The first day of open rifle season starts next Sunday and I have been preparing a new spot near a tiny creek, known as a branch, where I know the deer and pigs come to drink on well established game trails.  I started by cutting down as much brush and small trees as I needed to in the area where I hung my small feeder. I had to cut down at least twenty pine trees, but they were all four inches around or less at the very base of the tree.  This will give me a clear view of anything coming into the area as well as allowing the bigger trees to grow larger.

       I thought about going full on primitive and constructing my blind entirely out of the brush and trees I had cut down, but I wanted something with a roof to keep some rain off.  I used some old poles that have been here since we move in, corrogated tin off a rotting pig pen built in the sixties, and some pieces of corrugated Lexan left over from the chicken coops I had to take apart.  The only thing I paid for was the box of self tapping sheet metal screws that I need to screw in the tin.  After putting it together I cover the top with leaves and pine straw and piled the brush I cut down around  the blind.  I need to pile on a little more brush and spray a little paint on the non rusted spots on the tin.

      The blind is just big enough for me to sit in and only has tin on three sides.  I piled enough brush behind it that from the back you can't see it, but the point of that was for me to be able to blend into the  brush behind me through the window.  With mostly my head being the  thing showing I spent two bucks at Wal-mart for two camo bandanas to cover my head and face.  Add in the one bag of corn and my total investment would be 16 bucks, if it works it will be a great investment for a couple hundred dollars worth of meat.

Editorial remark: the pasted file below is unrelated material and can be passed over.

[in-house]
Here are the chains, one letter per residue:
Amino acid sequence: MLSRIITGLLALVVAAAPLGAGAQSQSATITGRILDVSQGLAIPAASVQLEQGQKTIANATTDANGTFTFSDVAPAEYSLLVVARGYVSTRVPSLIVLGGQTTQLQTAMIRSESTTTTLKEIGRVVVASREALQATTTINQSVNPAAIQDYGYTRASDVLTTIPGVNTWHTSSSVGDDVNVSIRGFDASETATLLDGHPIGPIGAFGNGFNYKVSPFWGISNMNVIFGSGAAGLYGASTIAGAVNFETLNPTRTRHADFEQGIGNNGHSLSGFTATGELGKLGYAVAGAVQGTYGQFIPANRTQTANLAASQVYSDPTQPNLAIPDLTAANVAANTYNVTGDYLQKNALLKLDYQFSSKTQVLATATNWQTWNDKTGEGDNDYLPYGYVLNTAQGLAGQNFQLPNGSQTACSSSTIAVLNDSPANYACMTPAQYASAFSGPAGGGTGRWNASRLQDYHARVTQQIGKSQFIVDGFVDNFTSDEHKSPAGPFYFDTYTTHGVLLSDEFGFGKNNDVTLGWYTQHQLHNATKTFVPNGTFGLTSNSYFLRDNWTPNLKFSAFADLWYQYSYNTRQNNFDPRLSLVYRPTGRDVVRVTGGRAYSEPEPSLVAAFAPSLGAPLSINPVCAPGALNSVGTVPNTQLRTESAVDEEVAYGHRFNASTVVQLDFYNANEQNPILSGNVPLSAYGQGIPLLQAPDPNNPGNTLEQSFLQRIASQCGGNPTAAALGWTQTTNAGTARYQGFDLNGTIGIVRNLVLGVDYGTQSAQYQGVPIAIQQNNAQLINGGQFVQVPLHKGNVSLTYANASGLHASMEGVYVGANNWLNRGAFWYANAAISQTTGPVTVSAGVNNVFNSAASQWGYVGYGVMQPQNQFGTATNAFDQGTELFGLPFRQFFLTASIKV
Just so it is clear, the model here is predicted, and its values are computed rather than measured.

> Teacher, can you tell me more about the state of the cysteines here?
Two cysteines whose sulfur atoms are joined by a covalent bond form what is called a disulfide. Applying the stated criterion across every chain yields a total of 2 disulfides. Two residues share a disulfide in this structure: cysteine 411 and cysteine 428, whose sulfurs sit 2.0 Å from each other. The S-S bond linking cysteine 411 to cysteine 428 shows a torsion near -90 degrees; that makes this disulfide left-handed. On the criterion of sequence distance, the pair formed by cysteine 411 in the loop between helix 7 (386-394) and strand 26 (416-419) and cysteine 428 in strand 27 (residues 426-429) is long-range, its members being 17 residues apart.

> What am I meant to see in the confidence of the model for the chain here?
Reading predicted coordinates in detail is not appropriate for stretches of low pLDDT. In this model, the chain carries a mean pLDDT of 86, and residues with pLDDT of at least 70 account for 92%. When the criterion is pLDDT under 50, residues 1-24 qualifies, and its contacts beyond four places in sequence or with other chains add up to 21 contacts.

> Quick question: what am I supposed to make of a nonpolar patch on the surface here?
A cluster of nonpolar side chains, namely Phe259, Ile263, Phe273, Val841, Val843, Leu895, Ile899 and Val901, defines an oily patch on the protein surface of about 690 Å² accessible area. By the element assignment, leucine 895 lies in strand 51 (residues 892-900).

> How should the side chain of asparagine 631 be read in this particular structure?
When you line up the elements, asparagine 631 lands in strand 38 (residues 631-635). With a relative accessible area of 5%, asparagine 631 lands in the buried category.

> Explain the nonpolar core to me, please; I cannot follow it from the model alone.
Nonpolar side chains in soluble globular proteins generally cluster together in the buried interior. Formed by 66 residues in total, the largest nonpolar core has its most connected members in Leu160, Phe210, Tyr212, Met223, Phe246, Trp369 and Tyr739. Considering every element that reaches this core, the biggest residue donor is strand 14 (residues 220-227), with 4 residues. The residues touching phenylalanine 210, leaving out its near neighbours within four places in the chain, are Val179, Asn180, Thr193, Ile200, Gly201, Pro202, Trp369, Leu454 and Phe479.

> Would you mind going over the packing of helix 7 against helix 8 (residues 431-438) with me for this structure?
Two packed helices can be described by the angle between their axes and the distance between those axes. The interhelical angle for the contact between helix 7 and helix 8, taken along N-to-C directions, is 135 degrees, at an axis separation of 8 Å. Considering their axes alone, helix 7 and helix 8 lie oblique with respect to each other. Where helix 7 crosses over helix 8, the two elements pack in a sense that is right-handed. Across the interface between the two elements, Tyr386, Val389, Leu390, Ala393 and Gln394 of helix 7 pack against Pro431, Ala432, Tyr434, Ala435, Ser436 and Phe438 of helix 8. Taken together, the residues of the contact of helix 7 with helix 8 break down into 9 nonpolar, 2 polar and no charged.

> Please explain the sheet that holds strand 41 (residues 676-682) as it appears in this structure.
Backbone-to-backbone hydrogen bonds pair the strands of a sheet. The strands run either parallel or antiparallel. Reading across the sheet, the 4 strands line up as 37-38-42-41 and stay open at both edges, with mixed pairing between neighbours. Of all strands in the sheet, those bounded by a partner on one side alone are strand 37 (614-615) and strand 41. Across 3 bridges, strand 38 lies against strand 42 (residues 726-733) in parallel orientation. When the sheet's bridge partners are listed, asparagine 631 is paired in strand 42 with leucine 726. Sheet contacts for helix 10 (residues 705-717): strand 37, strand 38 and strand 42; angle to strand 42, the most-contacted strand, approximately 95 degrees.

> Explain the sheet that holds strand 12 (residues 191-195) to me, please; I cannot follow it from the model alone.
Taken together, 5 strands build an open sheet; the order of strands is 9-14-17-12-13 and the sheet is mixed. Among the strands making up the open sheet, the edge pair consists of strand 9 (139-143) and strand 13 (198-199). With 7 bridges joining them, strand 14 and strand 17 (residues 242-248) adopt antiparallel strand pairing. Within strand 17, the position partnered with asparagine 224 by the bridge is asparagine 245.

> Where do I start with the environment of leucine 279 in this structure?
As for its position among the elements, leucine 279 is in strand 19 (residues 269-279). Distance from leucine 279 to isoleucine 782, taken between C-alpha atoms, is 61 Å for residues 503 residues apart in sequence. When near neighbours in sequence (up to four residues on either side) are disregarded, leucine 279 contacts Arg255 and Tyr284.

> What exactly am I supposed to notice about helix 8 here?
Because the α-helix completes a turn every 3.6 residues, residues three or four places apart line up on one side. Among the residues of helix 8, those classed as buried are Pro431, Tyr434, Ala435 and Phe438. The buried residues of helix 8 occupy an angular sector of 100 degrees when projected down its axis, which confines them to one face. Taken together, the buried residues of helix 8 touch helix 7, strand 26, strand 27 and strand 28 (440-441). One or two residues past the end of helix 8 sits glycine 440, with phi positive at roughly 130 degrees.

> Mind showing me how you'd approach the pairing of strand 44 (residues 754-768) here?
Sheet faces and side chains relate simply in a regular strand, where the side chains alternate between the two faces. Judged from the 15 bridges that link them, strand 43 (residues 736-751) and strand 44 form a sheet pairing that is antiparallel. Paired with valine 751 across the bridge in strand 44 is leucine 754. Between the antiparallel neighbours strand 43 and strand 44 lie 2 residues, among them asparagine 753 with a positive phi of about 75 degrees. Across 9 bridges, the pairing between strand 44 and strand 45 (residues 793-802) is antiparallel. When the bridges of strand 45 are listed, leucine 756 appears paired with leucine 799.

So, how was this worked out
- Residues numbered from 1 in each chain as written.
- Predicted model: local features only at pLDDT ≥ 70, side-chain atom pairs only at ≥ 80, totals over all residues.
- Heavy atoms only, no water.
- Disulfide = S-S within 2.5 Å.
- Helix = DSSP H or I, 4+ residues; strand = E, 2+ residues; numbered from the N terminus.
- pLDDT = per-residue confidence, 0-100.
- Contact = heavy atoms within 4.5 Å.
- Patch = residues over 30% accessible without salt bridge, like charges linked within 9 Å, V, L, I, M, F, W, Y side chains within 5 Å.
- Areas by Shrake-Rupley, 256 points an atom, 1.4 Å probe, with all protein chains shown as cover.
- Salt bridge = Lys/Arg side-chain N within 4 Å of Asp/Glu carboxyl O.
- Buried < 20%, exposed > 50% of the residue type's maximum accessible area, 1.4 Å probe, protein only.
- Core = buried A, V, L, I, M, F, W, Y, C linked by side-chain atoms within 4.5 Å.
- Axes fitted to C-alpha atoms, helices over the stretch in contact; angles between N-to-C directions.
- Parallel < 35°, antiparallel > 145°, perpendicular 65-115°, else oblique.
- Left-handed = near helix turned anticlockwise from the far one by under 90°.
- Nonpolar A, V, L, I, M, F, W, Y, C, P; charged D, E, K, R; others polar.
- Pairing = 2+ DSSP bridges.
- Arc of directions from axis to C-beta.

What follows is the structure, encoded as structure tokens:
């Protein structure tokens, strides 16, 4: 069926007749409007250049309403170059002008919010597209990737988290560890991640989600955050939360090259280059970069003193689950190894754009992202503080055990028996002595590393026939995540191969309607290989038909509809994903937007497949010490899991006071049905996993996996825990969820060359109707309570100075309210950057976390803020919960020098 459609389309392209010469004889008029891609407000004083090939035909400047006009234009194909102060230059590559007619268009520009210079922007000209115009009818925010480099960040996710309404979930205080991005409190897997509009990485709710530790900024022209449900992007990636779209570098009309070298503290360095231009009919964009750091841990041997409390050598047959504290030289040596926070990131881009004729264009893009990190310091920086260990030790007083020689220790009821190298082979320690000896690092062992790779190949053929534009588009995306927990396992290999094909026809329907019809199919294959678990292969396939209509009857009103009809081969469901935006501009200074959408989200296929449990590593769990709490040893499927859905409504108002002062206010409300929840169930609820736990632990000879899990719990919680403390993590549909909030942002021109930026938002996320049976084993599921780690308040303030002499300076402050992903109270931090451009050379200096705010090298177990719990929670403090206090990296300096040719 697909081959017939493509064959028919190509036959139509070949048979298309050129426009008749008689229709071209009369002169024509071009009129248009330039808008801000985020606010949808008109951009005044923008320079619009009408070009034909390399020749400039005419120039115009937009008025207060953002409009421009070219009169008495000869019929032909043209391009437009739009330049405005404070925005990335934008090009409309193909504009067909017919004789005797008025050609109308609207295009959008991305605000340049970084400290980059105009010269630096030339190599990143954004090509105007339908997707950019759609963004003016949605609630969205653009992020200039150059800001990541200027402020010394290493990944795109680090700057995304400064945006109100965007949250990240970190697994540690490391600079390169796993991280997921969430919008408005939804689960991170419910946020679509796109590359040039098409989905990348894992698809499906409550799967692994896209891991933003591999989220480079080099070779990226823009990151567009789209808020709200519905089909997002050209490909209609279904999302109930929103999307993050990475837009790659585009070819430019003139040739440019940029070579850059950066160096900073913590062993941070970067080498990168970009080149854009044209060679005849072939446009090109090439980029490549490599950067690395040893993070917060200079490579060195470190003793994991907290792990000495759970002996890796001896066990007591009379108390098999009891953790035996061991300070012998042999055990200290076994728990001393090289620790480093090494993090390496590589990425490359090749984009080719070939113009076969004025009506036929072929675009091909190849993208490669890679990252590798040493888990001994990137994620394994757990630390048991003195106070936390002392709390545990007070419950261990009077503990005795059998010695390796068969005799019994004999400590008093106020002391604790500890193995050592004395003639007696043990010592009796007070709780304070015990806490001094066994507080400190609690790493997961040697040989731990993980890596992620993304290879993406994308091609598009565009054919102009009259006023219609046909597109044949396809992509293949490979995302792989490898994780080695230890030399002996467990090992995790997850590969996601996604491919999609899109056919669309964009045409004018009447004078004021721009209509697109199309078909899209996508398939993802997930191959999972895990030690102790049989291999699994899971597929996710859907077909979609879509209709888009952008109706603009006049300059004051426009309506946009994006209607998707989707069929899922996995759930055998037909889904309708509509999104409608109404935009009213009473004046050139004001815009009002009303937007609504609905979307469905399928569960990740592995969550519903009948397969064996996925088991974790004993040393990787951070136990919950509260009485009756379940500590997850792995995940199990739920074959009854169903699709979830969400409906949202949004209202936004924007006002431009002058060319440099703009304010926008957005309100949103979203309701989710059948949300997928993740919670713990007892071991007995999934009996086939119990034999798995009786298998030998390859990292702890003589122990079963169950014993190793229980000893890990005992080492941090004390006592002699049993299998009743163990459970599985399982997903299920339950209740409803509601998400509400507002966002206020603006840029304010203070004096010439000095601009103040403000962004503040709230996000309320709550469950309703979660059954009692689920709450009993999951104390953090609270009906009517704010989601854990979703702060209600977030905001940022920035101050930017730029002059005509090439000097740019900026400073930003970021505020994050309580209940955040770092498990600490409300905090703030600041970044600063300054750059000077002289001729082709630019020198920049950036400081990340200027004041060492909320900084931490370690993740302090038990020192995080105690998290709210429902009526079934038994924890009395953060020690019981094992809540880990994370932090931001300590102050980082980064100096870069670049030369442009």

At some point I would consider building a better, more comfortable blind that would keep me warmer and drier, but if this works I don't know if I could bring myself to spend the money.  I would probably be more likely to try going the other way and trying the full on primitive and use only brush to make a blind.

Monday, September 16, 2013

Finally Rain

           The long dry summer has turned into a tough drought for Tyler County.  Even though the mornings have become cool and the beginnings of fall are barely visible, the damage from the lack of rain is apparent.  Everything around is us brown and crunchy, but yesterday we did have about a half inch of rain out here.  The clouds and rain feel like manna from heaven as it breaks up the heat.  My tomatoes have been wiped out, unable to hold out against the unrelenting sun.  Many of my other plants have actually thrived in the sun, merely requiring more water to grow, but have been stifled by the lack of bees.  I have no way to directly link the drought to the lack of bees, but just by observance it seems pretty clear.
            For one thing it is not just bees that have taken a loss in the new dry climate.  The first few summers we spent in East Texas were filled with mosquito bites from the never ending swarms that feasted upon us and our kids.  I remember rushing the kids from the car into the house and still finding several bites on their legs.  Both kids were mildly allergic and the bites would swell and drive them insane.  One year it was so bad we had to hang a mosquito zapper inside the house by the front door. Every time anyone opened the door the house at least a few of the ravenous critters would get in.  The kids would wake up covered in bites that they had scratched into open wounds.  We practically had stock in Benadryl those years.  Besides the mosquitoes, another benefit is the number of garden pests which has dropped dramatically.